Now, nearing 35, I'm no longer willing to accept the uncertainties that a career of guiding provides. There are a few "knowns" and many "unknowns" about this particular career path. I'm going to try and outline many of these details in a future post, so that younger guides, or people interested in the trade can have a pragmatic perspective when they enter the world of "professional" guiding.

Suffice to say, I no longer want a life with so many unknowns. I want health insurance, and some extra savings to pay for life's medical "unknowns." A visit with a dentist would be nice too. Retirement savings, I want that too. Hell, I'd like to be able to give more of my earnings to people and organizations who need it more than me.

All of those things can be pretty hard to come by when you work in the guiding industry. Basically you either travel a lot as an independent guide (and hope your relationships at home remain strong) or you try to own your own business and make money off of other guides that work for you. Either way it's a struggle to make ends meet. I'm not really into either of those things, so it's time to look elsewhere for work.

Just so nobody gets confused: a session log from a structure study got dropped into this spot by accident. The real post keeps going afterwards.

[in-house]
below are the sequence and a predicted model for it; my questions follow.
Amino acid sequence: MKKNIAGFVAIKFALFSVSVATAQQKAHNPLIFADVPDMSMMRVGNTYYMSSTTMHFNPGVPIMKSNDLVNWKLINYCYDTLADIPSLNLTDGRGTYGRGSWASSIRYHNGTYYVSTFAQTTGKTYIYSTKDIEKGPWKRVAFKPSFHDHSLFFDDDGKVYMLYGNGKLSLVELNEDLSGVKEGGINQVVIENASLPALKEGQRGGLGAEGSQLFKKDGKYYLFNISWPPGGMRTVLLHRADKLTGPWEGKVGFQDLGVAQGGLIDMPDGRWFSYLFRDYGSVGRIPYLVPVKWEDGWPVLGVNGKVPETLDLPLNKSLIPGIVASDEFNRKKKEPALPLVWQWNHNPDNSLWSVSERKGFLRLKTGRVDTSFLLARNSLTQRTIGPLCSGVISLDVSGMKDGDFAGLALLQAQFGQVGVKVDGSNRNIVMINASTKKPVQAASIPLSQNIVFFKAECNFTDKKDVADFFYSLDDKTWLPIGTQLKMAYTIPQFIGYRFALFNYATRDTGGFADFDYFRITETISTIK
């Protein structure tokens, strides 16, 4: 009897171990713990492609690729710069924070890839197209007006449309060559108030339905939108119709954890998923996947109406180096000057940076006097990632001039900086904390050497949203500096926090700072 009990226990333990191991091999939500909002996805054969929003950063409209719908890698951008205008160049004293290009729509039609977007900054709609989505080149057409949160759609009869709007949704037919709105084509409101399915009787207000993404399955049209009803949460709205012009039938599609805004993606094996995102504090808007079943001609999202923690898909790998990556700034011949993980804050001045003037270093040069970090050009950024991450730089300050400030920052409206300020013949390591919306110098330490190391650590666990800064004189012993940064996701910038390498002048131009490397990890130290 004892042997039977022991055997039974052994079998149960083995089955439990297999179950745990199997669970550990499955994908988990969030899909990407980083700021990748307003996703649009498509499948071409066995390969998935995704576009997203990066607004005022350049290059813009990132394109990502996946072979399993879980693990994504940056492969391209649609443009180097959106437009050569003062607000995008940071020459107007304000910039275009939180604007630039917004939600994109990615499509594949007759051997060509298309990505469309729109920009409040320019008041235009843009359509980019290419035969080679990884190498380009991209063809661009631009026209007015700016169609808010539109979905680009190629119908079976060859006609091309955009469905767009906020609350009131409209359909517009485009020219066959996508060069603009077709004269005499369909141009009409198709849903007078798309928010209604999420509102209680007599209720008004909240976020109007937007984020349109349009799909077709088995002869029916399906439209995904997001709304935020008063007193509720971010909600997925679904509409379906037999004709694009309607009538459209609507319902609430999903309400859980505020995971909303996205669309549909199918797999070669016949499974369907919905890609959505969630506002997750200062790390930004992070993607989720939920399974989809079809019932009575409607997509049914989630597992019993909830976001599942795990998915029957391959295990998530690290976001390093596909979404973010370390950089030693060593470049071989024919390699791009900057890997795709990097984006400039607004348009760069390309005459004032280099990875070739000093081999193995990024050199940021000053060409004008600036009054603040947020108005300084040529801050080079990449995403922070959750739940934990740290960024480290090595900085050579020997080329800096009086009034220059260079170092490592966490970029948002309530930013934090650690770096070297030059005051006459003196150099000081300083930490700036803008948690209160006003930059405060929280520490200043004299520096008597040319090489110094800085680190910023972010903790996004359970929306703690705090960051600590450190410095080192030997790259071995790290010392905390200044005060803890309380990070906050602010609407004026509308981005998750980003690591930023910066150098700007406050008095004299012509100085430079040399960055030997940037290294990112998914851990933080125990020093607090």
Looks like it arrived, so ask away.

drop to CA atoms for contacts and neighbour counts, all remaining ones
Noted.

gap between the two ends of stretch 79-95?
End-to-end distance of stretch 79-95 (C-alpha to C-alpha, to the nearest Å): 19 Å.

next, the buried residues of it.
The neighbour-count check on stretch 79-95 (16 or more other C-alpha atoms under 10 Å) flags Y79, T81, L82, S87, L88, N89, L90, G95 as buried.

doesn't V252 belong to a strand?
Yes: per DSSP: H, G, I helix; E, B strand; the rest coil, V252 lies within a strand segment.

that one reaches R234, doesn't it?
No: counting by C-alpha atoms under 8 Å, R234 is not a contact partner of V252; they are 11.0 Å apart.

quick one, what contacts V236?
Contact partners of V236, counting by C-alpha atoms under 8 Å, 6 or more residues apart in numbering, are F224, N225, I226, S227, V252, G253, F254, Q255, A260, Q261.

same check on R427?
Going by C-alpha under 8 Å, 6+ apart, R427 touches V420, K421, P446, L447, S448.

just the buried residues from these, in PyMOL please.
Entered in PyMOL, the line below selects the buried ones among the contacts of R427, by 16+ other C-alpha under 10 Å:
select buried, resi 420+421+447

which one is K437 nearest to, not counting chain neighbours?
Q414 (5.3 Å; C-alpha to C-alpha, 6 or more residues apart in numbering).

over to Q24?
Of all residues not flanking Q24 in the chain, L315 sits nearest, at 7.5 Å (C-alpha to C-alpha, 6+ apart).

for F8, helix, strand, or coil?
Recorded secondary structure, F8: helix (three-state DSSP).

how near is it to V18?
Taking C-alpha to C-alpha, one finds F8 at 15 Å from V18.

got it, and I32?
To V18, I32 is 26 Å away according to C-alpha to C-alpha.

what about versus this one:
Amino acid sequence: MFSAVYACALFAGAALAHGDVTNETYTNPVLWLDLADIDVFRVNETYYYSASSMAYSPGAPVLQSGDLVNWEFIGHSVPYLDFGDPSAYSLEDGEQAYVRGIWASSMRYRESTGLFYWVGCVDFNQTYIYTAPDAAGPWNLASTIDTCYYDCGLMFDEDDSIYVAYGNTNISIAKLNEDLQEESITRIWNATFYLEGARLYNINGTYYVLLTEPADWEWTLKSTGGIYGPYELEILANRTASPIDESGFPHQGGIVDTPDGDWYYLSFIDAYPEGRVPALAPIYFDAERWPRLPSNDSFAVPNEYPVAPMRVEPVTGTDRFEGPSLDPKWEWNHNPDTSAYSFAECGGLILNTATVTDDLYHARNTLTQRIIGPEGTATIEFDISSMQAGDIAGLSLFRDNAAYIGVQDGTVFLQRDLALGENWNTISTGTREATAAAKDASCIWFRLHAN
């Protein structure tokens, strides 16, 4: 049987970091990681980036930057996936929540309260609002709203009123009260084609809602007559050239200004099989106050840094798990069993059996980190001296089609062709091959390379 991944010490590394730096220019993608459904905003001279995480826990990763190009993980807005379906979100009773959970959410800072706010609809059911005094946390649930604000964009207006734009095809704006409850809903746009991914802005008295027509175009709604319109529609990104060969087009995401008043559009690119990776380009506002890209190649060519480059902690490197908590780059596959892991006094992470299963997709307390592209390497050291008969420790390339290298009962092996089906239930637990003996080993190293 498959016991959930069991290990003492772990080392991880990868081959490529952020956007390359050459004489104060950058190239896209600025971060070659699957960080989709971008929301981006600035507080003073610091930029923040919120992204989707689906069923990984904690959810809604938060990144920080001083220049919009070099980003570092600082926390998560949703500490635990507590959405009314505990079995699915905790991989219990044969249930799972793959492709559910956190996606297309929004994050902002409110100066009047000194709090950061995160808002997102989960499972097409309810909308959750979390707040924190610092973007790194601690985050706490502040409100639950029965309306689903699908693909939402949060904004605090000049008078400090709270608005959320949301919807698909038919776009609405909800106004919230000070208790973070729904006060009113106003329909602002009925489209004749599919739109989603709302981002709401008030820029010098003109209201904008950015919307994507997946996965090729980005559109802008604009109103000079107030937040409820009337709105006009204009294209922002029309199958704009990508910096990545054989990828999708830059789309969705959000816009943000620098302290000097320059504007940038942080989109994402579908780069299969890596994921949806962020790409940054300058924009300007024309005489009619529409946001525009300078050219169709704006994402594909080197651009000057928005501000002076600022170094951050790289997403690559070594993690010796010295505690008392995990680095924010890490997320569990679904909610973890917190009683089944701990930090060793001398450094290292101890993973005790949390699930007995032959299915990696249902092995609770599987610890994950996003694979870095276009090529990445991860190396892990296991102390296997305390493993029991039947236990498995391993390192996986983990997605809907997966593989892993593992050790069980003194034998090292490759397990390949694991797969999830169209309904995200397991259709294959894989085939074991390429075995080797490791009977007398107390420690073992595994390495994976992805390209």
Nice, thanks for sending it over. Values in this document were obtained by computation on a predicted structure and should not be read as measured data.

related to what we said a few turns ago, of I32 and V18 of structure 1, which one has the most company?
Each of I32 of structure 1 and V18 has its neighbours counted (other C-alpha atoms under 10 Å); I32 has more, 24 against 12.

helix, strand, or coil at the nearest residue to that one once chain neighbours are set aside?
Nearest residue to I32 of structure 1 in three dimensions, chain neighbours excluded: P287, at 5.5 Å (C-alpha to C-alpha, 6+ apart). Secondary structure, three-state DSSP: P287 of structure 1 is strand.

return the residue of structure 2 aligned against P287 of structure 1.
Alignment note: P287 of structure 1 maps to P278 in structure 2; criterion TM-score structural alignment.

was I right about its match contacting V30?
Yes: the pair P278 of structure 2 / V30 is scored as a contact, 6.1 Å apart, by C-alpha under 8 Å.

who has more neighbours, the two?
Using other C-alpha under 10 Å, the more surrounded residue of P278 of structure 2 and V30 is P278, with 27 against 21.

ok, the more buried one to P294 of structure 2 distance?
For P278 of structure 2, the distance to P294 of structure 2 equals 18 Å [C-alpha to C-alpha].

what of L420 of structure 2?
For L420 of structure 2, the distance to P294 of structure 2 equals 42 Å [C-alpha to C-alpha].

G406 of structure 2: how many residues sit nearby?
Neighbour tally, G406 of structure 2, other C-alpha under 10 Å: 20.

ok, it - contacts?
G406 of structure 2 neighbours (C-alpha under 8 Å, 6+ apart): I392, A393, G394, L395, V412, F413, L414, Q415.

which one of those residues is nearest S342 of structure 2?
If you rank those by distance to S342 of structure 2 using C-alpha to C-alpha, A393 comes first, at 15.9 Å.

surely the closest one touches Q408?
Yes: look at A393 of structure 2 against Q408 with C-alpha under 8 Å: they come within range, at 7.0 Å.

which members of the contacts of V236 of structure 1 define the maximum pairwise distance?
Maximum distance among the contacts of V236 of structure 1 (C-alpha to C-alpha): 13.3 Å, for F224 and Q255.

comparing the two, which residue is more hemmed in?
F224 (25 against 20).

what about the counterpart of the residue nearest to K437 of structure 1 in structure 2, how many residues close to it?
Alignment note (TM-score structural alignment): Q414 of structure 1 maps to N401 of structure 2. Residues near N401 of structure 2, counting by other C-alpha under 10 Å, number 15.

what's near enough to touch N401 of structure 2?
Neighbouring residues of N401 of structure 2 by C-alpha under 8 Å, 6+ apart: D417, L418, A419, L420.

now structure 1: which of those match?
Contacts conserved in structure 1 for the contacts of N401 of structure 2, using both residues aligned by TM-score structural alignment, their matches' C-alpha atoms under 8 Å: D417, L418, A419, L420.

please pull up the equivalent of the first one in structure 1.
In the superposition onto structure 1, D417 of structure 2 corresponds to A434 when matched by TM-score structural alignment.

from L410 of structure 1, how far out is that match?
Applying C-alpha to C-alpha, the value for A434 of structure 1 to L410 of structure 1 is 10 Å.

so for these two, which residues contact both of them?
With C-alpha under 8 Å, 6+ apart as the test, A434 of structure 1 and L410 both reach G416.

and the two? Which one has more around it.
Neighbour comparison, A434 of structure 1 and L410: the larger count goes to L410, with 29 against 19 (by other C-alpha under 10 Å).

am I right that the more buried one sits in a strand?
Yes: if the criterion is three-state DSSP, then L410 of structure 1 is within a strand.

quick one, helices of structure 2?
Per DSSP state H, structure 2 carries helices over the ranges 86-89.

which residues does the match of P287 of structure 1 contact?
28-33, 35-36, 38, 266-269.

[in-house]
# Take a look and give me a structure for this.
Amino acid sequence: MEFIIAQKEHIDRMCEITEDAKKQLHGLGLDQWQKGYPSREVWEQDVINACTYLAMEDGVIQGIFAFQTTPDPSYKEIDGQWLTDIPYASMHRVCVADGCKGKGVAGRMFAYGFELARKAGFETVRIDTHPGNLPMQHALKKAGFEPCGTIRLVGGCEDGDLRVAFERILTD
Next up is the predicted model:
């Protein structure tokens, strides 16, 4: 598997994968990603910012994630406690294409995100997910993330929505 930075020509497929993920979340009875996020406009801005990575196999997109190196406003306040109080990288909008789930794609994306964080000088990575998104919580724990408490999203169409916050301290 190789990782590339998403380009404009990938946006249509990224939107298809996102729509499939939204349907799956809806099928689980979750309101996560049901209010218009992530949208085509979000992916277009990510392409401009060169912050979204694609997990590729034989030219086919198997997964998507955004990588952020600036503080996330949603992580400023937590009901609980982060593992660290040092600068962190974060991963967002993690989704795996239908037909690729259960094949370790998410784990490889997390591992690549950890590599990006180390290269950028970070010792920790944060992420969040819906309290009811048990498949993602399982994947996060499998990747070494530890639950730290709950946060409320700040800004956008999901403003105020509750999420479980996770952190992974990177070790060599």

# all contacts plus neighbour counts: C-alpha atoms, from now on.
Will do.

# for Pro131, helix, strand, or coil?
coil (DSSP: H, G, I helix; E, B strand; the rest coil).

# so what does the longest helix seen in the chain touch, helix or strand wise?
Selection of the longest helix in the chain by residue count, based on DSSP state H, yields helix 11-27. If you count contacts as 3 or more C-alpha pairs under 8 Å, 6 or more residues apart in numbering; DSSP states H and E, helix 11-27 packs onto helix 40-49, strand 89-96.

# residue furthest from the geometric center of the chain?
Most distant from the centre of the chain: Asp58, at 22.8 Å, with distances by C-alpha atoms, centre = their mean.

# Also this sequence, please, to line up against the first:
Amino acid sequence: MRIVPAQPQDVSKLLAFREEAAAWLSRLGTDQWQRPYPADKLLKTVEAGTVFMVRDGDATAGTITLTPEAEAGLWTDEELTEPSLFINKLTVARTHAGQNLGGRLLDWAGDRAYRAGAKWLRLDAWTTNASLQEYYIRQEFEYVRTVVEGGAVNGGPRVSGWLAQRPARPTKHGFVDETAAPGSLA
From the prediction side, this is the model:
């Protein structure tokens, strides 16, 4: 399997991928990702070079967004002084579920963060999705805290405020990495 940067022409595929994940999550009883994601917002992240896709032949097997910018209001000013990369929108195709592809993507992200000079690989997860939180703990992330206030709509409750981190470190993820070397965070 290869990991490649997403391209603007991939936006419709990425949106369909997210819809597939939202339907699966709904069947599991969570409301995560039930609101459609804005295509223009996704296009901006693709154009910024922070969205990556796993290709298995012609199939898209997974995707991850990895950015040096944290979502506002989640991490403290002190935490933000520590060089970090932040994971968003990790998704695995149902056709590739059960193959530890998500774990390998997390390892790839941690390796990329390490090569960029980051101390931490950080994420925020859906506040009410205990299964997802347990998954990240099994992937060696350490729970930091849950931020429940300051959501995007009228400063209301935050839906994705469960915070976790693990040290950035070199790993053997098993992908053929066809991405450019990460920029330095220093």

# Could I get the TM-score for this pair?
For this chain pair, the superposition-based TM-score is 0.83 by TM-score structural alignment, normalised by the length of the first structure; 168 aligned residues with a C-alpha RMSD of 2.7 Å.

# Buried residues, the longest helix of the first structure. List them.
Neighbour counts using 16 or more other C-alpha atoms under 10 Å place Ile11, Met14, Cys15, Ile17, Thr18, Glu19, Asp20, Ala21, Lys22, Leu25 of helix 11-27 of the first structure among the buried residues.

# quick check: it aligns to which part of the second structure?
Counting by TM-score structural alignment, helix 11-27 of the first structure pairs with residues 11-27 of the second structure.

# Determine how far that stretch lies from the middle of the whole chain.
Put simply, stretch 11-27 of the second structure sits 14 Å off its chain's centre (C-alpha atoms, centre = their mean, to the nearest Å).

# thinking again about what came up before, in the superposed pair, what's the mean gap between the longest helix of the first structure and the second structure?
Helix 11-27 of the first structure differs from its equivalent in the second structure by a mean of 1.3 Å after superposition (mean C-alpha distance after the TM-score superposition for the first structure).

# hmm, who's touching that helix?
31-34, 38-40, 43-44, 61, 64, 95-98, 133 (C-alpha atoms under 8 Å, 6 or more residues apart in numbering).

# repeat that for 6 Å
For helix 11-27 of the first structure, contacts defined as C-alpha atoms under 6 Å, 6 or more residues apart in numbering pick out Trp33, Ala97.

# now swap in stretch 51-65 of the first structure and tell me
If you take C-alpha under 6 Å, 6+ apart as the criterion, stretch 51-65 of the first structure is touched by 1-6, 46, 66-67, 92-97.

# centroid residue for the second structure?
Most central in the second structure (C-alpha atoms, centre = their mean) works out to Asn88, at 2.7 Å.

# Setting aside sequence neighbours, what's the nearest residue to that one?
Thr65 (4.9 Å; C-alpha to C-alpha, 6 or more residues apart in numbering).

At the moment I'm exploring other career options. Obviously, I'll continue to guide - I am a climbing guide and have been one for the last ten years. As time passes I'll likely be more selective about the guiding and instruction I choose to take on.